Block on Trump's Asylum Ban Upheld by Supreme Court
A murder trial in San Francisco featured some courtroom drama in which eight men stood up and stared at the case's star witness as she was asked whether she could identify the gunman. They did so at the request of the defendant's attorney. Could the attorney be charged with witness intimidation?
Media focus on witness intimidation and attitudes about "snitching" continues in the wake of the video taped killing of a Chicago teen.
Meanwhile, the murder trial of Charles "Cheese" Heard in San Francisco offered some scripted courtroom theatrics which prosecutors have called a "blatant act of witness intimidation."
Heard is on trial for allegedly murdering Richard Barrett.
As reported by the San Francisco Chronicle, a woman who allegedly saw the shooting testified on Tuesday. As defense counsel asked whether she recognized the gunman, "eight reputed gang members stood up in unison, crossed their arms and stared at the witness." The witness nonetheless identified Mr. Heard.
The judge refused a request from the prosecutor to clear the men from the courtroom. They were later arrested outside the courtroom on suspicion of gang related witness intimidation.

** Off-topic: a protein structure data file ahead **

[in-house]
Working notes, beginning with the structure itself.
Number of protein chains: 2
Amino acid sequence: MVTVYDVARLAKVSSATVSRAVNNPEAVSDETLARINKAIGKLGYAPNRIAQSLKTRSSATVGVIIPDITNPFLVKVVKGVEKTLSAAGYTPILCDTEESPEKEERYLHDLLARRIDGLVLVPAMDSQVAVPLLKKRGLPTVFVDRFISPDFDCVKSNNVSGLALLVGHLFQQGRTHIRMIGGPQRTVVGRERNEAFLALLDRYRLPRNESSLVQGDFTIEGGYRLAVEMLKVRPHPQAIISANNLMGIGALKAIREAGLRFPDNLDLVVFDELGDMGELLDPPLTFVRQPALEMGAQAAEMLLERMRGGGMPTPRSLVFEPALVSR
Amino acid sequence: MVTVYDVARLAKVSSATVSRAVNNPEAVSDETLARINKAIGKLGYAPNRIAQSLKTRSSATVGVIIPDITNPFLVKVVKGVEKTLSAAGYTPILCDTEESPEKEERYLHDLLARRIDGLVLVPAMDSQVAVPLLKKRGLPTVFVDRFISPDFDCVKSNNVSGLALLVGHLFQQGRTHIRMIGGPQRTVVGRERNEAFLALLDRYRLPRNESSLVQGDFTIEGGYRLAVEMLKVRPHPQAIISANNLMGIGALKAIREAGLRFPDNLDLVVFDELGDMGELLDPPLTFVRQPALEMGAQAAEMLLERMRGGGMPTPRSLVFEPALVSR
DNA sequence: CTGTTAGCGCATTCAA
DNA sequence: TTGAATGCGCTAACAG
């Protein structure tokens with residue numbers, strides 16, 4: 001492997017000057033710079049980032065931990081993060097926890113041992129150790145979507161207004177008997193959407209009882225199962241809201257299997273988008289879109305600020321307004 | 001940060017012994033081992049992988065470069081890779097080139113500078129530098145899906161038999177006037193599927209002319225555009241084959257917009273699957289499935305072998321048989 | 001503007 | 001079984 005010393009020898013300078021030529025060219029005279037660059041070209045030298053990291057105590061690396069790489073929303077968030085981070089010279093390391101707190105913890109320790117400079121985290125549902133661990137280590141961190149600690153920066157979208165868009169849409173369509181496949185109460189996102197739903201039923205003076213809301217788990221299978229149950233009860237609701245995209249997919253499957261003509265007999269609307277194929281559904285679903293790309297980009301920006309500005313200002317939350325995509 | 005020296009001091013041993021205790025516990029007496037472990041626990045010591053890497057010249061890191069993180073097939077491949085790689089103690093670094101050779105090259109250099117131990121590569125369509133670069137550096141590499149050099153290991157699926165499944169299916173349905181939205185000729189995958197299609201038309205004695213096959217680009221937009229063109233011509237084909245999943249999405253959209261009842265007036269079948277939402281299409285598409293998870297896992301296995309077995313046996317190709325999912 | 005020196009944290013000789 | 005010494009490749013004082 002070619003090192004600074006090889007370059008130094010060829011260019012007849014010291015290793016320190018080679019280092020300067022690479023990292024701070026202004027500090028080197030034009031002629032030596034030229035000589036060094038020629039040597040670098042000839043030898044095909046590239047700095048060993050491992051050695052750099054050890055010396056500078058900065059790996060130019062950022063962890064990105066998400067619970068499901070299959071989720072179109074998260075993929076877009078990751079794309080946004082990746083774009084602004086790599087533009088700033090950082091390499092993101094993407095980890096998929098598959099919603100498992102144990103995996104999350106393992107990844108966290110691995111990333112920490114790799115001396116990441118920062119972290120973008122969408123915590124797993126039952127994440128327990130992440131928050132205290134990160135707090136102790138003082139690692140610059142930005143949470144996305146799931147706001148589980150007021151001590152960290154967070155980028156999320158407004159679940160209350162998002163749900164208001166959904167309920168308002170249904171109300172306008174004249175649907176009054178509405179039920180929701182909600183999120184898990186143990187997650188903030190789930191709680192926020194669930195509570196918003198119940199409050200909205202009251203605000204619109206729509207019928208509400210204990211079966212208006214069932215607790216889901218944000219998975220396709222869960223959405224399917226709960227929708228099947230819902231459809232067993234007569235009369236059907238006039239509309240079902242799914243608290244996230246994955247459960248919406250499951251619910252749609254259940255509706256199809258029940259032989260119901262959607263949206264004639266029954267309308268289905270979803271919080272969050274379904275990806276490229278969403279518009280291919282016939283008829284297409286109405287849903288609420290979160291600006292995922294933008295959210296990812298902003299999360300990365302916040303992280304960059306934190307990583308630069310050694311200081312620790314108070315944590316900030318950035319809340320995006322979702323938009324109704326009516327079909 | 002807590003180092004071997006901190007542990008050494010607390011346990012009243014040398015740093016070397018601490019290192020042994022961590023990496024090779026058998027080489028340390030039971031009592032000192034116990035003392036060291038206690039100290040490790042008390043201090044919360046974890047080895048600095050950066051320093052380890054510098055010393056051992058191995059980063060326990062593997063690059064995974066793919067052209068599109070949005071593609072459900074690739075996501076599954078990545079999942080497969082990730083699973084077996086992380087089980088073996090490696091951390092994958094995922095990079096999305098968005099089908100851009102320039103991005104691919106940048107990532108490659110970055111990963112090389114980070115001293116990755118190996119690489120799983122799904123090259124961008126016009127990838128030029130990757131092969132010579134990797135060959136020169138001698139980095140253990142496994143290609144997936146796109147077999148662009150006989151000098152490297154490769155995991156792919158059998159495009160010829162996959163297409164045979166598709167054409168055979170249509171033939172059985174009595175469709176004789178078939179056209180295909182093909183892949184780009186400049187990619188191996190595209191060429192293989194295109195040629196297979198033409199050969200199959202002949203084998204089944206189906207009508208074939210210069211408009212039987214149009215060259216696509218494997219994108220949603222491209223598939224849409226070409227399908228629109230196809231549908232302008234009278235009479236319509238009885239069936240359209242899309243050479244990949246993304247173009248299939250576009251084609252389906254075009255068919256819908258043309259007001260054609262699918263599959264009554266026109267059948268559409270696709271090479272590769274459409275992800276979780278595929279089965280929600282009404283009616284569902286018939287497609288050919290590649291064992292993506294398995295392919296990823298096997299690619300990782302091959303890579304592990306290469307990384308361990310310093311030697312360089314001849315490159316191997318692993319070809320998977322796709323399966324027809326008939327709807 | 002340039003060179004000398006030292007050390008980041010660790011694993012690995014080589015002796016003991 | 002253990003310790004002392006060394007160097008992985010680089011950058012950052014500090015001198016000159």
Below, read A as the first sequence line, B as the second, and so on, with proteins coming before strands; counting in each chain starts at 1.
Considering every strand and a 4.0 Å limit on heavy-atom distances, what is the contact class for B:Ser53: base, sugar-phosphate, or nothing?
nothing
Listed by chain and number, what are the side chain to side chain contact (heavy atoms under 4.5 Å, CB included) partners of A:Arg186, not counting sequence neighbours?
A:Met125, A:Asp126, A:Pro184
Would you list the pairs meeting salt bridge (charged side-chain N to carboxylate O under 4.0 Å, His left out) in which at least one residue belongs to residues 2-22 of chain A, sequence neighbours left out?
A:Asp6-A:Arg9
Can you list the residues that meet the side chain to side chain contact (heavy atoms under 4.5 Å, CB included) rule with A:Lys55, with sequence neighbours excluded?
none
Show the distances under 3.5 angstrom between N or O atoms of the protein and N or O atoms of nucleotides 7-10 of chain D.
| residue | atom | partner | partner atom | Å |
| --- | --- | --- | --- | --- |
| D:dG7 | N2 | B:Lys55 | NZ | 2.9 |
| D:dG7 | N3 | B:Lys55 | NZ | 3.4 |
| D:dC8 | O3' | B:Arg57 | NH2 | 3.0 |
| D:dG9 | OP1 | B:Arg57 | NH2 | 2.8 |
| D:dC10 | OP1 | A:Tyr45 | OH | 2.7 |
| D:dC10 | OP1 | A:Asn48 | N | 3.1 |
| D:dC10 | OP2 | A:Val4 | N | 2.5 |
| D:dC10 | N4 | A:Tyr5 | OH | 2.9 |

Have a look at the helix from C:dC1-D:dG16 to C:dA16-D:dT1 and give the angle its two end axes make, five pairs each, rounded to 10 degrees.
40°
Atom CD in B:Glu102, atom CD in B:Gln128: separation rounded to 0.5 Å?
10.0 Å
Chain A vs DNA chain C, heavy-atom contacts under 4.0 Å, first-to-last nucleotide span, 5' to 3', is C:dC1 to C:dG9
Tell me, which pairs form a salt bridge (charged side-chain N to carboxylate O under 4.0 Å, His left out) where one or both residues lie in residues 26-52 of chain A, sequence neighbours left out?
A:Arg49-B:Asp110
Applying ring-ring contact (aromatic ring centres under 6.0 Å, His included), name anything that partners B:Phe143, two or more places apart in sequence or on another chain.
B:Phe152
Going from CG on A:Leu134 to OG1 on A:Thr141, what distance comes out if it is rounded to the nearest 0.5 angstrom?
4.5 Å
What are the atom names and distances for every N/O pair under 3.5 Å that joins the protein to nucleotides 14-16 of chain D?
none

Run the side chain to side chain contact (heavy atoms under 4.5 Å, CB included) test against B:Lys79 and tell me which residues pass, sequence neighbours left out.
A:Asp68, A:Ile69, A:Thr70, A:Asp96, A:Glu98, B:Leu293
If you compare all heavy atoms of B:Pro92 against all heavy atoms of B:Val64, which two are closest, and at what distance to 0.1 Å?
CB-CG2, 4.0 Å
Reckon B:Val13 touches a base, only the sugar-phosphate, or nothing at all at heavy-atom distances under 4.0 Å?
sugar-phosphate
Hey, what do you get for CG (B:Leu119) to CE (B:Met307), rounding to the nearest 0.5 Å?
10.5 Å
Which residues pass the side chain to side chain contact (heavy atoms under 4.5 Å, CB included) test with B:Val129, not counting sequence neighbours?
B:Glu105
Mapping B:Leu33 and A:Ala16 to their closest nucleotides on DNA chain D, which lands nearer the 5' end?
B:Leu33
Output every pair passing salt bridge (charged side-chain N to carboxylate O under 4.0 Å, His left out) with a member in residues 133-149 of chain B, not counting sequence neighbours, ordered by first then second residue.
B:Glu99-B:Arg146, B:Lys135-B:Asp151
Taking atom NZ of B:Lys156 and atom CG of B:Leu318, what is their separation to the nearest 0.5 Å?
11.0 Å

Heard's lawyer, Eric Safire, admitted that he arranged the incident. Wednesday, he asked the court and the District Attorney's office for assurances that he himself would not be arrested for witness intimidation. He received no such assurances.
Under California law, anyone who "knowingly and maliciously attempts to prevent or dissuade any witness or victim from attending or giving testimony at any trial" commits a public offense punishable by up to a year in county jail or state prison.
In certain circumstances, including when the act is accompanied by force or by an "express or implied threat of force or violence," the offense becomes a felony punishable by up to four years in prison.
Two of the other circumstances that push the offense to a felony with more jail time:
In either of these cases, everyone involved is guilty of a felony.
On Wednesday, Safire told the court that the stunt was meant to draw attention to the number of people who match the gunman's description, including the gold plated teeth which the men flashed while staring at the witness. (The judge had reportedly refused a request for the defendant to wear street clothes and sit in the gallery during the identification, as opposed to wearing an orange jumpsuit in the defendant's chair.)
Safire argued that if not assured he won't be arrested, he may have to withdraw from the case. To that, the judge responded, "I guess you'll have to withdraw, because I can't guarantee you won't be arrested."
Another revelation from Wednesday's testimony: the killing was not over the victim's diamond encrusted medallion of The Flintstones' Bamm-Bamm, which prosecutors alleged as the motive. An acquaintance took the medallion from the dying Barrett and returned it to Barrett's family.
[Hat tip: Kenneth]